Background: While surgical epicardial lead placement is performed in a subset of cardiac resynchronization therapy patients, data comparing survival following surgical versus transvenous lead placement are limited. We hypothesized that surgical procedures would be associated with increased mortality risk.
Methods: Long-term event-free survival was assessed for 480 consecutive patients undergoing surgical (48) or percutaneous (432) left ventricle (LV) lead placement at our institution from January 2000 to September 2008.
Results: Baseline clinical and demographic characteristics were similar between groups. While there was no statistically significant difference in overall event-free survival (P = 0.13), when analysis was restricted to surgical patients with isolated surgical lead placement (n = 28), event-free survival was significantly lower in surgical patients (P = 0.015). There appeared to be an early risk (first approximately 3 months postimplantation) with surgical lead placement, primarily in LV lead-only patients. Event rates were significantly higher in LV lead-only surgical patients than in transvenous patients in the first 3 months (P = 0.006). In proportional hazards analysis comparing isolated surgical LV lead placement to transvenous lead placement, adjusted hazard ratios were 1.8 ([1.1,2.7] P = 0.02) and 1.3 ([1.0,1.7] P = 0.07) for the first 3 months and for the full duration of follow-up, respectively.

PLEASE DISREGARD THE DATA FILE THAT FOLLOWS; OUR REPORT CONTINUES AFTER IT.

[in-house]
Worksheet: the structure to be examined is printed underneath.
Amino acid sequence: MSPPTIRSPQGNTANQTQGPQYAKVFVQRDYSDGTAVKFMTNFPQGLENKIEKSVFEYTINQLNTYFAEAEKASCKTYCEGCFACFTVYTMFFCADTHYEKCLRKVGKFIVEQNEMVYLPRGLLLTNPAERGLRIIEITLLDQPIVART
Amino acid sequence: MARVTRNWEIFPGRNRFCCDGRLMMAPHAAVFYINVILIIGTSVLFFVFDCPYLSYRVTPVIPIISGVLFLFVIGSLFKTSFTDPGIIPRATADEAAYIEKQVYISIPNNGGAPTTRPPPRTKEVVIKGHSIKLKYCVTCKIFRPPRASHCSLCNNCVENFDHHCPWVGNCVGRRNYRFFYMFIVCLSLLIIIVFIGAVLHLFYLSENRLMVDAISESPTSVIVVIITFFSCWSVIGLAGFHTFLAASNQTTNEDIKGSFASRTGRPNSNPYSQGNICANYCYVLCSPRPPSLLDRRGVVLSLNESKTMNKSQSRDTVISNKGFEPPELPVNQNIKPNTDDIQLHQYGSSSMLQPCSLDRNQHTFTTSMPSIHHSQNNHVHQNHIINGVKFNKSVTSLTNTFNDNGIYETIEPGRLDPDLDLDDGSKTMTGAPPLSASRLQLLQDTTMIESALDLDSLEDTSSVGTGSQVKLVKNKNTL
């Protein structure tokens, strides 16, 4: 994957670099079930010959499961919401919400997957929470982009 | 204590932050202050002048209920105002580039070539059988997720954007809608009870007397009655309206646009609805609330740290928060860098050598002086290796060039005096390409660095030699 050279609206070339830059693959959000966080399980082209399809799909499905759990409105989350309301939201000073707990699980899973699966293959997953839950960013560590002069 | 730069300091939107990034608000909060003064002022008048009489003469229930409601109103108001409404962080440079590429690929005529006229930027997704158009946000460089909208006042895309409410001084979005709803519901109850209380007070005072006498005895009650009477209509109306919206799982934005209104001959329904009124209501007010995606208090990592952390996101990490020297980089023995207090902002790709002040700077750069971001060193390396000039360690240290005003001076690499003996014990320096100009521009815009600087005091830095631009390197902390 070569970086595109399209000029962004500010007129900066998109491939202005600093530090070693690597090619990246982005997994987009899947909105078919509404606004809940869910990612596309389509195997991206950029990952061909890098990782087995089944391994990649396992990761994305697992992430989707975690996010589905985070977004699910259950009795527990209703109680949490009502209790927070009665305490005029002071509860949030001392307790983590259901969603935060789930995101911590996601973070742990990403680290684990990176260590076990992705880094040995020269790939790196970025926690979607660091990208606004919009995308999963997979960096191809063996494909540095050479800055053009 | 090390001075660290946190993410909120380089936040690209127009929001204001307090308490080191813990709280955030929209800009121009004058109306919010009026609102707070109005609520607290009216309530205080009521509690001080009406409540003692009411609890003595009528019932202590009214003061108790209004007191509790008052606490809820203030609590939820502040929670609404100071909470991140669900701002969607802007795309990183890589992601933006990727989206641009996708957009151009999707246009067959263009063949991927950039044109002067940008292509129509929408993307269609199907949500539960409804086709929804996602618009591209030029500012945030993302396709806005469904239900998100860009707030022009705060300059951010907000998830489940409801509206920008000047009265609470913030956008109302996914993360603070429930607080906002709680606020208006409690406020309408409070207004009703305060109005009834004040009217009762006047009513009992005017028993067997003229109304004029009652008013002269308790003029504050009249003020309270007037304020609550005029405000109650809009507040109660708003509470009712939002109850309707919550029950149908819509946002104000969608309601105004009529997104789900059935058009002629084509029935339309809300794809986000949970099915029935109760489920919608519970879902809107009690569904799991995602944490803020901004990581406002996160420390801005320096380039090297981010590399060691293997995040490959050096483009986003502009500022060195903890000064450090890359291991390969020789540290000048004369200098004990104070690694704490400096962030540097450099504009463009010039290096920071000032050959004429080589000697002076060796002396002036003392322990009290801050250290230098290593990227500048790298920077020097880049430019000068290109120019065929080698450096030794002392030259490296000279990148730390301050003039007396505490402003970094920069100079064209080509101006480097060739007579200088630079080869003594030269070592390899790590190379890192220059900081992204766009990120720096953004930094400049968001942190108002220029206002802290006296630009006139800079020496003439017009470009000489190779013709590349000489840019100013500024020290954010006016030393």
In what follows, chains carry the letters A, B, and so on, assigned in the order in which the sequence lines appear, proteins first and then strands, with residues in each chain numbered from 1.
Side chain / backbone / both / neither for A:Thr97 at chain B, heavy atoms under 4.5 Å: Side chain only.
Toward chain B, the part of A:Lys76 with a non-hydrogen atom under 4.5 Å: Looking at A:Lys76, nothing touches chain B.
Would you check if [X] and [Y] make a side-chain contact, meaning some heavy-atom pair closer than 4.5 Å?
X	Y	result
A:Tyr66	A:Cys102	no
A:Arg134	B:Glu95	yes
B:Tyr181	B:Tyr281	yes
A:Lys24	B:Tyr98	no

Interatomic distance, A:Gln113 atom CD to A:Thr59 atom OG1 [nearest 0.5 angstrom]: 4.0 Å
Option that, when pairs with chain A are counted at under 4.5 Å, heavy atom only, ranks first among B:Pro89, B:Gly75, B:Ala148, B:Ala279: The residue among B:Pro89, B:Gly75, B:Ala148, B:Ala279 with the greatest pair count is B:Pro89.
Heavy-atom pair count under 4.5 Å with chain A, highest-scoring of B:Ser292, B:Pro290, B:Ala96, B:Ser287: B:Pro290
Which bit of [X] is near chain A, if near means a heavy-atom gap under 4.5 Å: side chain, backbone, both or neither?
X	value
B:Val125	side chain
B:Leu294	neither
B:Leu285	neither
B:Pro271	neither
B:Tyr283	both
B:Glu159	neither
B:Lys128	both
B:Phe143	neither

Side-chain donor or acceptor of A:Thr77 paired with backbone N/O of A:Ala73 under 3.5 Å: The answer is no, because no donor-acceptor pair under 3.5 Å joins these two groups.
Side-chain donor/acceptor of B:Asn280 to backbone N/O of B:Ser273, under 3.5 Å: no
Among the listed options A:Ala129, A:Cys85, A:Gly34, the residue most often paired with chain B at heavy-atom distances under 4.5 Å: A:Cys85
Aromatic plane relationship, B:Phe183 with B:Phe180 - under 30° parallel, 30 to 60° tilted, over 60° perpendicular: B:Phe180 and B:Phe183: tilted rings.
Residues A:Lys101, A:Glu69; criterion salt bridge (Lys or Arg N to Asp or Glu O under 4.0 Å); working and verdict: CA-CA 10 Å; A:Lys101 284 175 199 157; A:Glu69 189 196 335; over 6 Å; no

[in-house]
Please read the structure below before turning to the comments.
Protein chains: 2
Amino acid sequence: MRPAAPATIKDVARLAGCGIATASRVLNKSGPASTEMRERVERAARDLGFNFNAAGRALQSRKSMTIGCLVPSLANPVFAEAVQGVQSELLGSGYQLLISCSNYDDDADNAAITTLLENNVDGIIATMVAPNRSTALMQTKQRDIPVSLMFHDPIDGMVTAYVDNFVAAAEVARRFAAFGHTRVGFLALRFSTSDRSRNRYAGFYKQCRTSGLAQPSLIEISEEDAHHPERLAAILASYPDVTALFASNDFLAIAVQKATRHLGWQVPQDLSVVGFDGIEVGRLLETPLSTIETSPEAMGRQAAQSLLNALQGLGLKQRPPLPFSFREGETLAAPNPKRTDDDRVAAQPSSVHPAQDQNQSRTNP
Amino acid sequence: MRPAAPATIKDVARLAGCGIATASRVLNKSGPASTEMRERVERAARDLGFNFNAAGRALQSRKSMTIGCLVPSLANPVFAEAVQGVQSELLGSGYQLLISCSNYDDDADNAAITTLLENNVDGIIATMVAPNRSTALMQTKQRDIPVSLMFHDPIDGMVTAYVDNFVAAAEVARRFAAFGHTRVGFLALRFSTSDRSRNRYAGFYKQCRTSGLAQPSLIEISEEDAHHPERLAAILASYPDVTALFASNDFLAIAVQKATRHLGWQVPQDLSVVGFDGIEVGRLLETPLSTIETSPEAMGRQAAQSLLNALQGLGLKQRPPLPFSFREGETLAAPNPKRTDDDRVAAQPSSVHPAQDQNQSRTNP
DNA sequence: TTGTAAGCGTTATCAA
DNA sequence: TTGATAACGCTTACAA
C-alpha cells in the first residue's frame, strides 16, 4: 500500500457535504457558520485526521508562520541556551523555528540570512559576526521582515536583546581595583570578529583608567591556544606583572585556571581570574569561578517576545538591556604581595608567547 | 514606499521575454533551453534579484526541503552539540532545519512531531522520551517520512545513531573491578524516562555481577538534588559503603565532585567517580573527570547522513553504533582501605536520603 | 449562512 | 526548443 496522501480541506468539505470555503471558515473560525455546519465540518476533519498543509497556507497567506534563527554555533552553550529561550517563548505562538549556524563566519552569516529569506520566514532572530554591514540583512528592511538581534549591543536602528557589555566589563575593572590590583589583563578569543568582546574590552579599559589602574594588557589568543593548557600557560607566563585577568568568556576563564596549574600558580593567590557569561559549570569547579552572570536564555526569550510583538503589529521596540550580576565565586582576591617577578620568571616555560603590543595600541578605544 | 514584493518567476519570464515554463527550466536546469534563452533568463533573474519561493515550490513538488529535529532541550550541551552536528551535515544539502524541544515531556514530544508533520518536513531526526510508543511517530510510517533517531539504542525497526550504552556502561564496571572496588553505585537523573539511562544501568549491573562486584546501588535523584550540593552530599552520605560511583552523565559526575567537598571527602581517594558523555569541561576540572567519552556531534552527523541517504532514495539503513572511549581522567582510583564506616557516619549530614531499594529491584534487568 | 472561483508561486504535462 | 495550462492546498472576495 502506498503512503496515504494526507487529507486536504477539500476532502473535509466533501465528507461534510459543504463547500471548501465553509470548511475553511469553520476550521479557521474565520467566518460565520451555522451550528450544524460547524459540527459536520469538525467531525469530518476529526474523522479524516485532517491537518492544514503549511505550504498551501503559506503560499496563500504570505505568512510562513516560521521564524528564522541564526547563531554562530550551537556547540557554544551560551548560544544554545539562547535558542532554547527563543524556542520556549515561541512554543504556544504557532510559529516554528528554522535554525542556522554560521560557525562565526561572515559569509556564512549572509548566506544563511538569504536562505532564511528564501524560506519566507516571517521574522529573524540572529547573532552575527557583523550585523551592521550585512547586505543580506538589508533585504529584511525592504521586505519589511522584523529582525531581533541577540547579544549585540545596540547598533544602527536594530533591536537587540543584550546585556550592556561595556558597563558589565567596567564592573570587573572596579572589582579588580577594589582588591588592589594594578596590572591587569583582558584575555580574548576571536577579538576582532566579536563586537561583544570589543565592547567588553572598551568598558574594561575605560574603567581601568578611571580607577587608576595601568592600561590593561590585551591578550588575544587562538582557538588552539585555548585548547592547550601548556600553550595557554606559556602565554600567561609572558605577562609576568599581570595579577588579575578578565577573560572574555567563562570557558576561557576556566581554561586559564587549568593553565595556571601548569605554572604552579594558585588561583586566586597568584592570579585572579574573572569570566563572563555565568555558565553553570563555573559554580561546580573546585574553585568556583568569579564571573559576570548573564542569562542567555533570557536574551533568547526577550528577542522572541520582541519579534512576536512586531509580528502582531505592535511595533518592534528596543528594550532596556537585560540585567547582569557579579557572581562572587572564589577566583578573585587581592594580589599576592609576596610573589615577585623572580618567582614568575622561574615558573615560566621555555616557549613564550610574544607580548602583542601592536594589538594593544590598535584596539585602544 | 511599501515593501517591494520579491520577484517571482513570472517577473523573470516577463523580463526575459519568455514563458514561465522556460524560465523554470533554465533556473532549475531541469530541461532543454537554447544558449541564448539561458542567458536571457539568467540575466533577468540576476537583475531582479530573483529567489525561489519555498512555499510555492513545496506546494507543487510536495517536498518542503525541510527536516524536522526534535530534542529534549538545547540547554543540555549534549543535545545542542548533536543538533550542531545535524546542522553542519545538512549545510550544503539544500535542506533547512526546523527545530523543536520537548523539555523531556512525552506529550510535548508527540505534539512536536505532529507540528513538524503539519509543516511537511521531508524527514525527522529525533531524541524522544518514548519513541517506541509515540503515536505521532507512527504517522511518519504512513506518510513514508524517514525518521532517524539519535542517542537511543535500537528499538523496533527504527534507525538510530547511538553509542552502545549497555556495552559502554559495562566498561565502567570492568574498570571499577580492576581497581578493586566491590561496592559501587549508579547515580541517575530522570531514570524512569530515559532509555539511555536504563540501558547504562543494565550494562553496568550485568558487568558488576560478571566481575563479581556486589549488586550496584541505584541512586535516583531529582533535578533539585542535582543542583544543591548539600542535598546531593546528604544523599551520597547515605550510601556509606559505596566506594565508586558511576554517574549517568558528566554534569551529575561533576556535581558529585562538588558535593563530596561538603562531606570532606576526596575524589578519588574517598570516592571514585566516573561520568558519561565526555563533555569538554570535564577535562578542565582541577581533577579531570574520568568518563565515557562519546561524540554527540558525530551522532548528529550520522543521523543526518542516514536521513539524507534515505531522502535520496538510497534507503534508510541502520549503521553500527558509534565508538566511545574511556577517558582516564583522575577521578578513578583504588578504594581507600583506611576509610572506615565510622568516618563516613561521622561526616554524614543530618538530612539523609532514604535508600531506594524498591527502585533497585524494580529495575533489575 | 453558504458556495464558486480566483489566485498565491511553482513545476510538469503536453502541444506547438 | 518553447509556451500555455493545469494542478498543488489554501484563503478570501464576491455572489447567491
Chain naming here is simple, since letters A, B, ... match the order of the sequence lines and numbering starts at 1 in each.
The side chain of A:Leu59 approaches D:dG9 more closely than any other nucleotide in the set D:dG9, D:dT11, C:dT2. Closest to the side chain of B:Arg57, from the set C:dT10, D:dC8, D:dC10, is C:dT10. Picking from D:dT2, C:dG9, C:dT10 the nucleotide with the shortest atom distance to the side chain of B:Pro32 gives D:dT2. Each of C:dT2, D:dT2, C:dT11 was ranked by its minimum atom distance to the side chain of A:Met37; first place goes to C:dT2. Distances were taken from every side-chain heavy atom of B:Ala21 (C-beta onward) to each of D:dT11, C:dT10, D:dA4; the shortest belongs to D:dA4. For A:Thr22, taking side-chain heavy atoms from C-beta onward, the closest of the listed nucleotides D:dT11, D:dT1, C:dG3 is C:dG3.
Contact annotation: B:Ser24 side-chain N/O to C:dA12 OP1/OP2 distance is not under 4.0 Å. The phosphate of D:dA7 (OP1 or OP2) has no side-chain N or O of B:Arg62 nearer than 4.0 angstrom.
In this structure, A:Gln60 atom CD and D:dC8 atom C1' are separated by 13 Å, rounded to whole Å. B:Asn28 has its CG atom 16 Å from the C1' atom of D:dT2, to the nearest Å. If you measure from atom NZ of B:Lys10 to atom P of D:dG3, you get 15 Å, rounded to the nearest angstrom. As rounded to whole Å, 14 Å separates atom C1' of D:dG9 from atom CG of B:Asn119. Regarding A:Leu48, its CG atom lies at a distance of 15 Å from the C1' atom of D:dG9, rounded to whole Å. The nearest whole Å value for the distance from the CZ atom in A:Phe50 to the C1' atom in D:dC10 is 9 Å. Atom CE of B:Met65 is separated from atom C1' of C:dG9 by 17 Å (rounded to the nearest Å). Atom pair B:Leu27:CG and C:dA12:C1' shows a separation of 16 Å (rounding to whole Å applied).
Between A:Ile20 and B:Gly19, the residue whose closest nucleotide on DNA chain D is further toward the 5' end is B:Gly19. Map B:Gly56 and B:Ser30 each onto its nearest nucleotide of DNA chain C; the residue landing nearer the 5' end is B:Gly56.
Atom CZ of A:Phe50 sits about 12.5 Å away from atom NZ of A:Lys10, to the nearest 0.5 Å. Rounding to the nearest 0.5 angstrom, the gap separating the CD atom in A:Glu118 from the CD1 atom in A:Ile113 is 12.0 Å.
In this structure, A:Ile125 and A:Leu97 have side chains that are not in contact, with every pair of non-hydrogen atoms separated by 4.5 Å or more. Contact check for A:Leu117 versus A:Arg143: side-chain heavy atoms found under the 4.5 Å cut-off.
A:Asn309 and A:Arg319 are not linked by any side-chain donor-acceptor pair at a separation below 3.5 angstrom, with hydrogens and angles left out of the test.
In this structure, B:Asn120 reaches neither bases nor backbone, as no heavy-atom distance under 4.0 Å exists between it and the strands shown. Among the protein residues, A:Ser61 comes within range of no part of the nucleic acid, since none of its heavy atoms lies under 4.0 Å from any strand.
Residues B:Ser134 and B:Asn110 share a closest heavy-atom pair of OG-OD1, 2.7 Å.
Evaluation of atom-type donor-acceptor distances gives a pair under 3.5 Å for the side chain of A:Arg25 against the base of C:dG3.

Conclusions: Isolated surgical LV lead placement appears to carry a small but significant upfront mortality cost, with risk extending beyond the immediate postoperative period. Long-term survival is similar, suggesting those surviving beyond this period of early risk derive the same benefit as coronary sinus lead recipients. Further work is needed to identify risk factors associated with early mortality following surgical lead placement. (PACE 2011; 34:490–500)